The Prophets are the second major section of the Hebrew Scriptures. This includes the necessary suffering, including the failures, that initiate you into the next dimension of maturation. Prophetic thinking includes the capacity for healthy self-criticism, the ability to recognize your own dark side, as the prophets did for Israel. Without failure, without suffering, most people (and most of religion) never move beyond narcissism and tribalism. Healthy self-criticism helps us to realize that we are not that good and neither is our group. It begins to break down either/or, dualistic thinking, as we realize all things are both good and bad. This makes all idolatry, and all the delusions that go with it, impossible.

Then the third dimension of the Hebrew Scriptures: the Wisdom literature (which includes many of the Psalms, Ecclesiastes, the Song of Songs, and the Book of Job). This is where the leaven of self-criticism, added to the certainty of your own specialness, helps us to discover the language of mystery and paradox. It’s a dimension where we become robust enough to hold together contradictions, even within ourself, even in others. And we can do so with compassion, forgiveness, patience, and tolerance. We have moved from the Torah’s tribal exclusivity, and "separation as holiness" to inclusivity, seeing God in other tribes and communities.

Brueggemann suggests that the three-fold sequence is one of order-disorder-reorder. And you must go through disorder or there is no reorder! It’s a particularly uncomfortable part.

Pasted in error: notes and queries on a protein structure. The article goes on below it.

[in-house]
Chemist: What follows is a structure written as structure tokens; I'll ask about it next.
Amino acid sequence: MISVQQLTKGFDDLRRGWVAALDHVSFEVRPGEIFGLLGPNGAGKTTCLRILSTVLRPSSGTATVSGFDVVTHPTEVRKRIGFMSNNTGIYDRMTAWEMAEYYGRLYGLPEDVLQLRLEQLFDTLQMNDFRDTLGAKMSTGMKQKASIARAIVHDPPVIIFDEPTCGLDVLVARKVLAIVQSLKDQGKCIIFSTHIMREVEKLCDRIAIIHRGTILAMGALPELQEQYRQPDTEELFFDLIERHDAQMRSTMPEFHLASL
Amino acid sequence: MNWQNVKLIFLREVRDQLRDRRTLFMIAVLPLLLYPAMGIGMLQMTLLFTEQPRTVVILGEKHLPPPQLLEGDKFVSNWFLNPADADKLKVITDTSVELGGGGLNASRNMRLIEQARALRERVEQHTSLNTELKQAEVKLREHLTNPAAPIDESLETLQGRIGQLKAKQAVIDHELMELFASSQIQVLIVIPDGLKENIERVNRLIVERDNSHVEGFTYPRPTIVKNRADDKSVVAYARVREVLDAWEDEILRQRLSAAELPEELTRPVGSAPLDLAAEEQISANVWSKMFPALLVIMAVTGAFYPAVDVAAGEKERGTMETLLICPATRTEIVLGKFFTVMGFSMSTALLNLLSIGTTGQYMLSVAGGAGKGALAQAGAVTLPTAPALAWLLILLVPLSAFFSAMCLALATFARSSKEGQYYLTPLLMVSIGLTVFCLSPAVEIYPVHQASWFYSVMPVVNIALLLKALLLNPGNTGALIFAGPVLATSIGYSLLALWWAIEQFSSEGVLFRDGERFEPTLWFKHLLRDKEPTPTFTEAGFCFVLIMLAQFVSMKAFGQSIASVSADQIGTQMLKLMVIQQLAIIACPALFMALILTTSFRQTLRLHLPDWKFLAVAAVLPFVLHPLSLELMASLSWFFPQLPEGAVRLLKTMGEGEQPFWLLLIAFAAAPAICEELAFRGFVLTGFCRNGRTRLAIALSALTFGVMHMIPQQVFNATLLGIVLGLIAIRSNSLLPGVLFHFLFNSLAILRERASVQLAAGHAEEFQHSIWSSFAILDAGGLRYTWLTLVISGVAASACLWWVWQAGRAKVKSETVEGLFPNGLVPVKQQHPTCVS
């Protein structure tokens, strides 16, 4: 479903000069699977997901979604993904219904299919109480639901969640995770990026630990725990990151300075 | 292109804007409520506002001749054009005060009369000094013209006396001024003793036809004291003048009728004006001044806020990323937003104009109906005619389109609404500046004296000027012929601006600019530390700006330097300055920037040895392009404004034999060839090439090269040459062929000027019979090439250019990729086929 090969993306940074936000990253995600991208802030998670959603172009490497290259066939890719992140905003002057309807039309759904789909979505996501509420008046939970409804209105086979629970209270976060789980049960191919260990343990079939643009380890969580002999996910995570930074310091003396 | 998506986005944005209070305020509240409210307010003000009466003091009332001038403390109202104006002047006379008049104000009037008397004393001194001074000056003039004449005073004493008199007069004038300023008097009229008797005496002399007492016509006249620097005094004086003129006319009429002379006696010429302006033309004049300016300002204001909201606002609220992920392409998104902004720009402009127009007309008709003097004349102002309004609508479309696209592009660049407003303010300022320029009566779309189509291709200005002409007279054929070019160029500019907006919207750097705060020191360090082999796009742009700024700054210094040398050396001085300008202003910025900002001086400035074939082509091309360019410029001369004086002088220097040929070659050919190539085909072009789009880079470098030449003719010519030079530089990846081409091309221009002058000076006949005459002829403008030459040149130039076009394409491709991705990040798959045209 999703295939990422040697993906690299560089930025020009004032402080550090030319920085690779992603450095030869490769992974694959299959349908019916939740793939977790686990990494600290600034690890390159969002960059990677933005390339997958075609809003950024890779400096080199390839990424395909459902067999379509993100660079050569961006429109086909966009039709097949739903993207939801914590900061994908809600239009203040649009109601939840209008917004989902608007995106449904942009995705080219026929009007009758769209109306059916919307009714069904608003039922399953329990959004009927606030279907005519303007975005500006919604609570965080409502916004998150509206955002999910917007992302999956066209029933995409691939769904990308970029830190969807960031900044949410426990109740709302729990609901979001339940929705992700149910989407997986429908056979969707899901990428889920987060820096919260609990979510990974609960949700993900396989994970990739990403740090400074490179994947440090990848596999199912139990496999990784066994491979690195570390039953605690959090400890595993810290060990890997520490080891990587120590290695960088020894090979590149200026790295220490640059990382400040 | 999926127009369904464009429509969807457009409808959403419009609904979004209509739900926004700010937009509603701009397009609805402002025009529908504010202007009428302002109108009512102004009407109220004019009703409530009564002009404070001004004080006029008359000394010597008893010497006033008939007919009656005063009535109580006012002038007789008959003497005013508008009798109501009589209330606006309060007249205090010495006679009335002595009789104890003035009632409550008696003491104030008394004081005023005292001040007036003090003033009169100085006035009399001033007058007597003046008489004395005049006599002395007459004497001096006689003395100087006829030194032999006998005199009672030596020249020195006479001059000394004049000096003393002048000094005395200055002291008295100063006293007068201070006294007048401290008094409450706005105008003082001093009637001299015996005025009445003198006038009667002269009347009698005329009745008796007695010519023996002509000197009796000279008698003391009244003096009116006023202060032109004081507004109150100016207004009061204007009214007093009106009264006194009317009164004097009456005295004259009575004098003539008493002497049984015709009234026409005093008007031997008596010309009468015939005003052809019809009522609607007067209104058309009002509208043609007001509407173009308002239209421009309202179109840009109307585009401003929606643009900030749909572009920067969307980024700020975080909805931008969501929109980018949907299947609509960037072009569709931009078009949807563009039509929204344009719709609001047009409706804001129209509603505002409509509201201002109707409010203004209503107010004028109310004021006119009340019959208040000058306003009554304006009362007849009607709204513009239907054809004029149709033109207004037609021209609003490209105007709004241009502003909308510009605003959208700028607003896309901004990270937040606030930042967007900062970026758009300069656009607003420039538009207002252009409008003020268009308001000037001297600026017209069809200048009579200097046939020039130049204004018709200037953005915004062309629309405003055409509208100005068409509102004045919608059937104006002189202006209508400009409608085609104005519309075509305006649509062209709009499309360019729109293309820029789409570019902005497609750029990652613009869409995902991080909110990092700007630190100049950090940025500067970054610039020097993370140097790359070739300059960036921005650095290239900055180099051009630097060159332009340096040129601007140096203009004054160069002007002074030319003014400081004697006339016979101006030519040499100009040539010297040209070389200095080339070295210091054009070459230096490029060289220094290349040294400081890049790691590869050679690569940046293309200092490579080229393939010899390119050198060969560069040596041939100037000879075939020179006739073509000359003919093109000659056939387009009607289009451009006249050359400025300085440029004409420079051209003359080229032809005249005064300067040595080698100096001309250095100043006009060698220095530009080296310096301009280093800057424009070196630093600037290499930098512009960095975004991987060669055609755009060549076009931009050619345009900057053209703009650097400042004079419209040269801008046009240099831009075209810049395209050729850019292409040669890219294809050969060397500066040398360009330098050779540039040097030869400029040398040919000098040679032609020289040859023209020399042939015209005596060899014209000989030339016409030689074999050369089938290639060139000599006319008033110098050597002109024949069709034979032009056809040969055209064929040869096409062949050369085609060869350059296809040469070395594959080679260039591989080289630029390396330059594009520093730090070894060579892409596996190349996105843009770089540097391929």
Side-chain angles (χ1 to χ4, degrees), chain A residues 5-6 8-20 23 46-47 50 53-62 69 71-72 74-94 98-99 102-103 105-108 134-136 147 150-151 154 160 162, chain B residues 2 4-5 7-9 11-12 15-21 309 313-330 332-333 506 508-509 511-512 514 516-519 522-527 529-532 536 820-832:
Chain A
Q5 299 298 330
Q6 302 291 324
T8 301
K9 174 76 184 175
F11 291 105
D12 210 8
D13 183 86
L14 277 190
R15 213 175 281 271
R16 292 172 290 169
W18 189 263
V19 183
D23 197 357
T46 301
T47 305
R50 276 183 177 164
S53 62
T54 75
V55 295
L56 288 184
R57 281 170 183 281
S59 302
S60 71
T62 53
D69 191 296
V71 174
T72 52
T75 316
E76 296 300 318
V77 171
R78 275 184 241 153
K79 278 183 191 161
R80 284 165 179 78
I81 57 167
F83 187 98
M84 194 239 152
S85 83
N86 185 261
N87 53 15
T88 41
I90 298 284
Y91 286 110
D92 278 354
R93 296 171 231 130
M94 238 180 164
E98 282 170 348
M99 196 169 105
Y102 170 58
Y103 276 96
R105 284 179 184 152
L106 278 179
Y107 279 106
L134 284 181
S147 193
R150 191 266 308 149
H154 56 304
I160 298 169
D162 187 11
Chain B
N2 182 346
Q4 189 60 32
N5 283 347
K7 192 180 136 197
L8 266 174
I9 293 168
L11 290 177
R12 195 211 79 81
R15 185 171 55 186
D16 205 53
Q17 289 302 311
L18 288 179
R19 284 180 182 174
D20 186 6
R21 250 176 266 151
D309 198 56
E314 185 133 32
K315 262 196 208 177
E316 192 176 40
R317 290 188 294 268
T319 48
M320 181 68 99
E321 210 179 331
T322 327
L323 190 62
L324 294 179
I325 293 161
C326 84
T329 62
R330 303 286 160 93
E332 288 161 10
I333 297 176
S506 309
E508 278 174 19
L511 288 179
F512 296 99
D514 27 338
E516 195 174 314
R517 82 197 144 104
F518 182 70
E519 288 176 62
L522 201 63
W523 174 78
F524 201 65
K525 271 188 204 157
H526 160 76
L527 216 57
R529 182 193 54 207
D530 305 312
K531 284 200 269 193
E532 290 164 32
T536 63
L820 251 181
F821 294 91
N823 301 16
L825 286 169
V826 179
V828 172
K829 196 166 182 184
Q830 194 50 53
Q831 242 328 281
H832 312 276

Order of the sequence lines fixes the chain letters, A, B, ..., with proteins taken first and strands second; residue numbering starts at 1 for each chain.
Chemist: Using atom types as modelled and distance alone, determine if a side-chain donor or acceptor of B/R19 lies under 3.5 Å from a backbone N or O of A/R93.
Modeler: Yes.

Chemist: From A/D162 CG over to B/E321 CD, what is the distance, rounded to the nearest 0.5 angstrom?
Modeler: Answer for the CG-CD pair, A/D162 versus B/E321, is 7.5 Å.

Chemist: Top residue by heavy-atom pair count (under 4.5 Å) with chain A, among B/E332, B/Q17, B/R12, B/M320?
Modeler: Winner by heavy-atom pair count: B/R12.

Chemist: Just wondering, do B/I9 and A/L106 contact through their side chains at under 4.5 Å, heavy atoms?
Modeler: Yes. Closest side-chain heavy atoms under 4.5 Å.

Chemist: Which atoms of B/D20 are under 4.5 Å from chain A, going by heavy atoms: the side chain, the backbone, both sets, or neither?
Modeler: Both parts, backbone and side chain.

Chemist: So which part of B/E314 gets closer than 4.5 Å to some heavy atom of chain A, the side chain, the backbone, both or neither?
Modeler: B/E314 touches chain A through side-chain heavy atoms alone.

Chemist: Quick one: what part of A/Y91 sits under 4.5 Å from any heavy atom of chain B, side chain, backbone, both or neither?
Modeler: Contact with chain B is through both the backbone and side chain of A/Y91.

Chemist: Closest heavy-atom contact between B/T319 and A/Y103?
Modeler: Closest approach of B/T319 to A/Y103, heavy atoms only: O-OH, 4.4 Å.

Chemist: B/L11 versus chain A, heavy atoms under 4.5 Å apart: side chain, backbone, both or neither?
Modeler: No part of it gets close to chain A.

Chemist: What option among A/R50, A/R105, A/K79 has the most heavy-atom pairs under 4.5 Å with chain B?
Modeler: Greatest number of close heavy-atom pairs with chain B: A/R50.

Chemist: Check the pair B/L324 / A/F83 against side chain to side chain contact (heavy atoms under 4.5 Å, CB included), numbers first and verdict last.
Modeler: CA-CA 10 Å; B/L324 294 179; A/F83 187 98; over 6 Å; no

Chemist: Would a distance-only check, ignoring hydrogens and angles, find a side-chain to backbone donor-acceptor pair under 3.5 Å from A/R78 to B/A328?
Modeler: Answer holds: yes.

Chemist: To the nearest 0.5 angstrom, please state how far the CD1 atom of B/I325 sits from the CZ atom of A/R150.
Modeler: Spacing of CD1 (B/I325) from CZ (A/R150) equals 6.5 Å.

I experienced a profound sense of disorder, having come from a rather fundamentalist background, where questions and doubt were not welcomed. I had my worldview shattered by doing a theology degree. I left with a BA certificate but as an agnostic. It was a rather traumatic time.  But the questions I had didn’t go away. I went on to do an MA in theology – and alongside other things (like counselling) began my journey of reorientation.

I have found that many people become stuck at the disorder dimension – to take an extreme example, Richard Dawkins’ view on the Bible is a critique, a quite right critique, of the exclusivism we find in the Bible. This was my frustration too. But instead of probing further, of going deeper, he completely writes off religion.

To take a different example, one might hear the story of Jonah and, with a scientific hat on, conclude what an impossible story this is. Again, the invitation isn’t to view the whole thing as rubbish, as a fairy tale for children. Rather, the invitation is to go deeper. Jesus uses this story as a metaphor for the mystery of transformation (Matthew 12:39, 16:4; Luke 11:29). The graphic story of Jonah is about him running from God, being swallowed by a large fish, and taken where he would rather not go. This was Jesus’ metaphor for death and rebirth. It may be our story. Perhaps we too must go inside the belly of the whale for a while where we experience disorientation. Only after experiencing this will we be spit out on to a new shore and find our ourselves with a renewed vocation, a refocused purpose.

So whatever you do on your journey of faith, don’t give up on the Bible, don’t ignore it, but don’t be afraid of challenging it too. We are encouraged this week to pick up the Bible and, as our collect puts it, ‘to read, mark, learn and inwardly digest them’.

John Pritchard,

Walter Brueggemann
Holland Park Benefice